Internet Security Issues

Experts demonstrate how to hack email voting

Security researchers say they have developed an interesting trick to take over Gmail and Outlook.com email accounts – by shooting down victims’ logout requests even over a supposedly encrypted connection.
And their classic man-in-the-middle attack could be used to compromise electronic ballot boxes to rig elections, we’re told.

Cognitive Dissonance? Not in Connecticut when it comes to the Internet

In psychology, cognitive dissonance is the discomfort experienced when simultaneously holding two or more conflicting cognitions: ideas, beliefs, values or emotional reactions. In a state of dissonance, people may sometimes feel “disequilibrium”: frustration, hunger, dread, guilt, anger, embarrassment, anxiety, etc – Wikipedia

The state fails at protecting data, legislators to get lesson in Internet security, N.I.S.T experts say unsafe the Internet is not safe for voting, the N.S.A. and others can look at practically anything, yet local registrars, the Secretary of the State, and the State Military Department can protect Internet voting by Legislative decree.

Electronic voting as safe as electricity and nuclear power?

In a recent Hartford Courant Op-Ed, Arthur House, chair of the Connecticut Public Utilities Regulatory Authority and previous Director of Communications of the Director of National Intelligence addressed cyber threats to public utilities. We cannot help but compare the concern of Mr. House for our utilities ability to protect the infrastructure, with the sure confidence of our Governor and Legislature in the ability of the Secretary of the State and local election officials to develop systems, at no cost, to make the Internet safe for online voting. Democracy is at least as important as the infrastructure.

If elections can be protected at no cost, what about the electric grid?

Tongue in cheek, we note that this may be a major redundancy in effort and expense by utility regulators, since the Legislature has mandated that the Secretary of the State and the Military Department come up with a plan to provide secure electronic voting to the military by October 1st. The Secretary is also mandated in that bill to not only come up with the plan but to implement it without any expenditure!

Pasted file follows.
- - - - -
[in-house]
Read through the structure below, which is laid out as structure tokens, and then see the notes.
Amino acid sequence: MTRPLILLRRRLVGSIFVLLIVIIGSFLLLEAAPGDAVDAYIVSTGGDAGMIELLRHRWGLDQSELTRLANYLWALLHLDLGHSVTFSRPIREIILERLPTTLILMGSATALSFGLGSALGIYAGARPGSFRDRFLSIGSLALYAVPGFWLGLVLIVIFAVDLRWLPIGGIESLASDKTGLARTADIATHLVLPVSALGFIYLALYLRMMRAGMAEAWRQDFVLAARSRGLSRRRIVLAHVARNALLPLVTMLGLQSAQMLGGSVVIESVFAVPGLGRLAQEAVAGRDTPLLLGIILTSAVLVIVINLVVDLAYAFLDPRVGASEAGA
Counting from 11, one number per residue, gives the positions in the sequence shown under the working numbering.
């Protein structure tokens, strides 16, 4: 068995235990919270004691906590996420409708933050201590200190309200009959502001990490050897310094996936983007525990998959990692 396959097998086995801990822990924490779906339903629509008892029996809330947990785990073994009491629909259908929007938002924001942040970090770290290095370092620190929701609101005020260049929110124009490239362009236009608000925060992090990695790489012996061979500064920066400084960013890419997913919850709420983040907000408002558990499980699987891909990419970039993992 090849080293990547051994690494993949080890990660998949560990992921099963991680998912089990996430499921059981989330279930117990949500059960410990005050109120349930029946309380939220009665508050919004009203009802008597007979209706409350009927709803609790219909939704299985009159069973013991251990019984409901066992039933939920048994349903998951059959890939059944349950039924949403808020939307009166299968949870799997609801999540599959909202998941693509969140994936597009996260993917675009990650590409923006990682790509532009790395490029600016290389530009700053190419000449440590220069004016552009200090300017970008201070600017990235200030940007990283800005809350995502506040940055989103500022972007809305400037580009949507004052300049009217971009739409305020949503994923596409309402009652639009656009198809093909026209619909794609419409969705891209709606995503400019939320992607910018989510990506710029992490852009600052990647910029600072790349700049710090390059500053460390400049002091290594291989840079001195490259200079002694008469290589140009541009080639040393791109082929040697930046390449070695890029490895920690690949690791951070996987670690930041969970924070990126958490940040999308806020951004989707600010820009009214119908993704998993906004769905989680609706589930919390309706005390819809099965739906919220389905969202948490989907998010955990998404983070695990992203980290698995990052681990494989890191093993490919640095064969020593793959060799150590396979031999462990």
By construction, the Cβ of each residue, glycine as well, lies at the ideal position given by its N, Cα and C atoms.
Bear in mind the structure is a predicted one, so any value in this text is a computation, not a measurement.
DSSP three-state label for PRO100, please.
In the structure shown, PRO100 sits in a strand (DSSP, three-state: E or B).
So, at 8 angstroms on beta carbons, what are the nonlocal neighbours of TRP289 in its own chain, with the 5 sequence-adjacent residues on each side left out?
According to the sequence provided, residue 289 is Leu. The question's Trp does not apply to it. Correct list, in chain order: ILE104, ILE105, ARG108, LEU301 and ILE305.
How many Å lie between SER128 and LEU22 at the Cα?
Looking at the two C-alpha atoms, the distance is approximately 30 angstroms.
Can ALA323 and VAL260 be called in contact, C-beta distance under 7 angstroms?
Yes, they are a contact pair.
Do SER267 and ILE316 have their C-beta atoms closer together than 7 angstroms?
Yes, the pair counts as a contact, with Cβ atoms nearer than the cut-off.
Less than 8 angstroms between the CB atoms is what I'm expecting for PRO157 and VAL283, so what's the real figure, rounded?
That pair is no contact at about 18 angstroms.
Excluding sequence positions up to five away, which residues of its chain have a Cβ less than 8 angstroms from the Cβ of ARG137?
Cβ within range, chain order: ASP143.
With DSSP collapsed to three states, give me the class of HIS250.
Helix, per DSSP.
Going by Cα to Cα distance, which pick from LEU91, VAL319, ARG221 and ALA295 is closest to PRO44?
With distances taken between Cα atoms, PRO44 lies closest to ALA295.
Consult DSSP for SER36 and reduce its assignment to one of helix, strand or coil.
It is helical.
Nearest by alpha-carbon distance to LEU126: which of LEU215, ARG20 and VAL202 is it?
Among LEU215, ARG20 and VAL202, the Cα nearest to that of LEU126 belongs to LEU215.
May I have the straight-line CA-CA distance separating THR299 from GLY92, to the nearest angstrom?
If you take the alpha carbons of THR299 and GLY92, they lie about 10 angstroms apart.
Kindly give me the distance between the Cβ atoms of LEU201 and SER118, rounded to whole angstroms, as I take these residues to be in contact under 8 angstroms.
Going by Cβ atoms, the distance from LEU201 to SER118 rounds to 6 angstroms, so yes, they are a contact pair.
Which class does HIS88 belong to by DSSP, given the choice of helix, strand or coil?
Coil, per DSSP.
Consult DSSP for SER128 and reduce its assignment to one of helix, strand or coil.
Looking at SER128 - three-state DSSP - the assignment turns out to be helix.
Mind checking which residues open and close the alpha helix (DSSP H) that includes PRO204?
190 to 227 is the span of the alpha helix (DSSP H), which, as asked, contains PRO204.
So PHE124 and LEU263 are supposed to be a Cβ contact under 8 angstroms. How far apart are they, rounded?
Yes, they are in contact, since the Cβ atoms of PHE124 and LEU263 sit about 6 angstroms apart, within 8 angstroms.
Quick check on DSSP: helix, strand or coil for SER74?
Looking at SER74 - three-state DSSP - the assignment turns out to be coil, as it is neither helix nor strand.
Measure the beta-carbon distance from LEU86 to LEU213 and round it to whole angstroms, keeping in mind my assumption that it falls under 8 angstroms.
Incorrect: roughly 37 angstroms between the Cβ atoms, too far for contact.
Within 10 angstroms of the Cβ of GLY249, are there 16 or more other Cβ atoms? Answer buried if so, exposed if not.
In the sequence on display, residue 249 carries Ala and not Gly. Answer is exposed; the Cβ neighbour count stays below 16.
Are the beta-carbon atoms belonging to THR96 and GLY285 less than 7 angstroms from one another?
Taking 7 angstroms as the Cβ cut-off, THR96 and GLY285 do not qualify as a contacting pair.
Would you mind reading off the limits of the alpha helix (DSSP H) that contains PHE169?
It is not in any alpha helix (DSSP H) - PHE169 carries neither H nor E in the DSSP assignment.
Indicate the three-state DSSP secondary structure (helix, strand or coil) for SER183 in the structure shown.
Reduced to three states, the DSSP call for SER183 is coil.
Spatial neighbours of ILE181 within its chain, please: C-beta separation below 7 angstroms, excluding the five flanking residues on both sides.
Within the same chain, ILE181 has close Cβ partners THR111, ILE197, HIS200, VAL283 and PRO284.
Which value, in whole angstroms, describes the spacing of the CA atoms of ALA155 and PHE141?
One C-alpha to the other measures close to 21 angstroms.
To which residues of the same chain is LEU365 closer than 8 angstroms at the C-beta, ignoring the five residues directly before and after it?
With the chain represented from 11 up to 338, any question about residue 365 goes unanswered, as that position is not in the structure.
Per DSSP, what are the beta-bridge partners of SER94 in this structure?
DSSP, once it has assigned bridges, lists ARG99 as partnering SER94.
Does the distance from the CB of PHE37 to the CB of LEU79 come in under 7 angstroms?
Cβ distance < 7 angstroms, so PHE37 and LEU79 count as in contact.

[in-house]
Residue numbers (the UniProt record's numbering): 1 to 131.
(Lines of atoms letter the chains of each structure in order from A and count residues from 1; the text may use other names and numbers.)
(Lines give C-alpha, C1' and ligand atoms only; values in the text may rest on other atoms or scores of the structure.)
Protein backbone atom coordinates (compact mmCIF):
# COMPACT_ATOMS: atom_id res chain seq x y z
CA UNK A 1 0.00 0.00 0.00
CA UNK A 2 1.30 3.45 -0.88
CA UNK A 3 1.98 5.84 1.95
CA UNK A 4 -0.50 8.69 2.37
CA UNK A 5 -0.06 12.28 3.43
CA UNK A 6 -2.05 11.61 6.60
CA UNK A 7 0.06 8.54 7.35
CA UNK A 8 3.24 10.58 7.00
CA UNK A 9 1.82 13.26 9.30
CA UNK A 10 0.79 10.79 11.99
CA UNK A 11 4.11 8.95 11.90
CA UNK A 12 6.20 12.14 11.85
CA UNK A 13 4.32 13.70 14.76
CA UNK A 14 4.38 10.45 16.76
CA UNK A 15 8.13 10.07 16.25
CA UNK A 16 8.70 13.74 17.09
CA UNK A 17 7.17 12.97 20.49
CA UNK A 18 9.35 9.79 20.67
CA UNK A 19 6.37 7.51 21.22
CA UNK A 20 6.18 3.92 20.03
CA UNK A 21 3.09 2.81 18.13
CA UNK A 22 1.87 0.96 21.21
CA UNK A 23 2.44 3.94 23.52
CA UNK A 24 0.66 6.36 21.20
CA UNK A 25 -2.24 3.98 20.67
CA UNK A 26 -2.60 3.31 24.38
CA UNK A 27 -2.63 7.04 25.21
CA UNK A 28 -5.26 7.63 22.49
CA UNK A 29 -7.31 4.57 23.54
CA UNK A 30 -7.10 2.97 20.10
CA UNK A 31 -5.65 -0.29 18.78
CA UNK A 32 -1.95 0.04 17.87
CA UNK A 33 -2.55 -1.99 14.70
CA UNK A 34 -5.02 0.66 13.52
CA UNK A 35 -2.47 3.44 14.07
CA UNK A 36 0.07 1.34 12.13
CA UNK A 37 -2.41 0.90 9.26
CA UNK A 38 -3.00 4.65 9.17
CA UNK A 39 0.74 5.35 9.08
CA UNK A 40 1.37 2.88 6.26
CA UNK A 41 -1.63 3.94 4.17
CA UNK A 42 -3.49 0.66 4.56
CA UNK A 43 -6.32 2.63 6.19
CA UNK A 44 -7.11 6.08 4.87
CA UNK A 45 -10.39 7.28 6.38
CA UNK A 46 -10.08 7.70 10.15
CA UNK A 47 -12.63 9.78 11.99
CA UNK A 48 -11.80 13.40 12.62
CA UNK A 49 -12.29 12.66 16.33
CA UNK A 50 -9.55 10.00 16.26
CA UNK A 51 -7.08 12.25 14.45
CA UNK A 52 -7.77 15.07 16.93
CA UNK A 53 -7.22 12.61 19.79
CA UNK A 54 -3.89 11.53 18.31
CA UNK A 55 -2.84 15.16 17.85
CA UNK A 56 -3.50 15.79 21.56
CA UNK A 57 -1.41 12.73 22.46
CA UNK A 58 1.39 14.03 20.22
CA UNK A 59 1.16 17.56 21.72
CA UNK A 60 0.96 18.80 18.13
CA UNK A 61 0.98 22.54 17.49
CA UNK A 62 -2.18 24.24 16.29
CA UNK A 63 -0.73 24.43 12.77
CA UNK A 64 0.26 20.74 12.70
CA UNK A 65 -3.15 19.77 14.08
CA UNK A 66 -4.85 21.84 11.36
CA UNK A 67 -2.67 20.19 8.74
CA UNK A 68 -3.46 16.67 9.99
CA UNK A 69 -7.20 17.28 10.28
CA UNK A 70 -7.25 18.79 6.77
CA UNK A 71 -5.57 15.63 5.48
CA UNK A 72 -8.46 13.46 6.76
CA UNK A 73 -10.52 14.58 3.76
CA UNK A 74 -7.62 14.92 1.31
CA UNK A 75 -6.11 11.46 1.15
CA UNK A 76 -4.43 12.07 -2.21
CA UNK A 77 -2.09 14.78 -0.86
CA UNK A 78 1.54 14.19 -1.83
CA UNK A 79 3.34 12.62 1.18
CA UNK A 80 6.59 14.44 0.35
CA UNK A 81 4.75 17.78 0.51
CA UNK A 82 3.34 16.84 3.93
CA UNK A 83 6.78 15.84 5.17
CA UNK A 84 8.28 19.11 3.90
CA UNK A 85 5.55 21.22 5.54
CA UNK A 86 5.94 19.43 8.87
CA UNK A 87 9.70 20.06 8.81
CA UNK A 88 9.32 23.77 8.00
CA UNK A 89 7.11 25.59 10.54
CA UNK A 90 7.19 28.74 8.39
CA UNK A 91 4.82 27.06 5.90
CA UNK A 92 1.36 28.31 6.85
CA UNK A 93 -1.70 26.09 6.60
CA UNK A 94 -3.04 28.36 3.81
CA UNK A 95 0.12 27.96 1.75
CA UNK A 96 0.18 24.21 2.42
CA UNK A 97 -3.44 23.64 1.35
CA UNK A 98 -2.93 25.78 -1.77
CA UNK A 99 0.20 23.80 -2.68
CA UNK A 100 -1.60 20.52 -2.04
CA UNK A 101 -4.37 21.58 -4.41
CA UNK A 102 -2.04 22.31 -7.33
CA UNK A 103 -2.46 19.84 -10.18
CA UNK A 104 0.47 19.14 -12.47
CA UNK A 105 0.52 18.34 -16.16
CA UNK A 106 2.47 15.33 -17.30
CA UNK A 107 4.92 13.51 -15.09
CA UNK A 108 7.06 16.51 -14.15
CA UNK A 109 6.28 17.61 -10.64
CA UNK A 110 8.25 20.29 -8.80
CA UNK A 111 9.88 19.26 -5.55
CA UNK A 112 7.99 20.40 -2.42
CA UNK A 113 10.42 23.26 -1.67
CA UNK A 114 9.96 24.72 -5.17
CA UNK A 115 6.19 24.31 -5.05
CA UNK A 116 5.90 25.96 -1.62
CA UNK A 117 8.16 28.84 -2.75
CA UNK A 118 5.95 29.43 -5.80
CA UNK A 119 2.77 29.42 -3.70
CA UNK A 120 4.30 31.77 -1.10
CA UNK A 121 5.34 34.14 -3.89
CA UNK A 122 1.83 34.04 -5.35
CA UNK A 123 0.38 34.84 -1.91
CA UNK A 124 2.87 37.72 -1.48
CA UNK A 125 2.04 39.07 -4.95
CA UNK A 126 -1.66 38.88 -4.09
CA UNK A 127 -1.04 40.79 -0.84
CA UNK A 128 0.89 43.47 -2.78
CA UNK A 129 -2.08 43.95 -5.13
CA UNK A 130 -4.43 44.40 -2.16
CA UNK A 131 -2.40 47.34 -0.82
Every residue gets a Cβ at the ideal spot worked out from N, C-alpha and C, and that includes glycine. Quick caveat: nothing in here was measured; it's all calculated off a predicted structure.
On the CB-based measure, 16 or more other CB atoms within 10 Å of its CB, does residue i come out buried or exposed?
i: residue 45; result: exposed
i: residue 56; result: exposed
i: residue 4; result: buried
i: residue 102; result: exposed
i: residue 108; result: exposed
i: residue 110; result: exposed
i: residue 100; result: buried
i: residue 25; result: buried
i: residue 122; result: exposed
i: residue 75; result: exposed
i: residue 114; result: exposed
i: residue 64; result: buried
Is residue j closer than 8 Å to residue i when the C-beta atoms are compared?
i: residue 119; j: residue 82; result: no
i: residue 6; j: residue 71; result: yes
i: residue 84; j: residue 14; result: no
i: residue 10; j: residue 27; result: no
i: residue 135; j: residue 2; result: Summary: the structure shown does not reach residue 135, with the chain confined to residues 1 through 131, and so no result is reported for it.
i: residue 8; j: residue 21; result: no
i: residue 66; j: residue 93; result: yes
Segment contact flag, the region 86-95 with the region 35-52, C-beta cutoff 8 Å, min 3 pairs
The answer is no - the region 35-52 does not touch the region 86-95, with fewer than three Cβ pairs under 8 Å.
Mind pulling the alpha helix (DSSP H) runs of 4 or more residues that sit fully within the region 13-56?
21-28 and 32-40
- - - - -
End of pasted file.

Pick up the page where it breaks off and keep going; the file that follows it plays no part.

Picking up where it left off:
When we see everybody from the CIA to Lockheed Martin and the Bank of America being hacked, along with concerns for our grid from our utility regulators, it’s pure hubris to think that our elections could not be compromised.

U.S. says it will not export tools to interfere in politics

Even the cicadas must know by now that the U.S. is engaged in massive collection of data on phone calls, emails, web access, and banking transactions. Those who a week ago were criticized as ‘conspiracy theorists’ for claiming the Government had such massive secret spying programs will now be criticized as ‘naive’ for not knowing this was going on all along. What more can we say? What can we add that has relevance to elections and election integrity?

Online voting bill moves while Cyber Security Command outlines risks

Here in the land of steady habits, we are ready to move forward with blinders at the ready, apparently confident that our registrars, town clerks, and state IT department will never discover any attacks on on our voting systems, email systems, or fax machines.

Another day, more internet heists revealed

We and others have posted several times, debunking the frequently repeated statement that “If we can use ATMs and the Internet for banking, why can’t we use the internet for voting”. The answers are 1) Voting is a different application and riskier; and 2) Internet banking is not safe, banks loose billions to electronic fraud every year, yet it is less than they make and save using the Internet.

“Perfect Citizen” demonstrates risk of Internet for voting

Another government testament to the risks we face with dependency on the Internet for vital systems. We hope in this particular case that the effort is actually increasing the safety of systems we all depend upon.

Canadian election disrupted in broad daylight

What value is an attack that everyone sees? That depends. Courts have been reluctant to grant re-votes, for good reasons. Results of a vote can depend strongly on the other races and issues on a ballot, get out the vote efforts, and even the weather.

Where Common Sense fails: Do insider attacks require a sophisticated conspiracy?

In this post, we address where Common Sense fails. Where what seems obvious to individuals and election officials is often counter to the facts or science. Those that are unfamiliar with technology and a specific area of science often overestimate how difficult or easy specific things are to accomplish.

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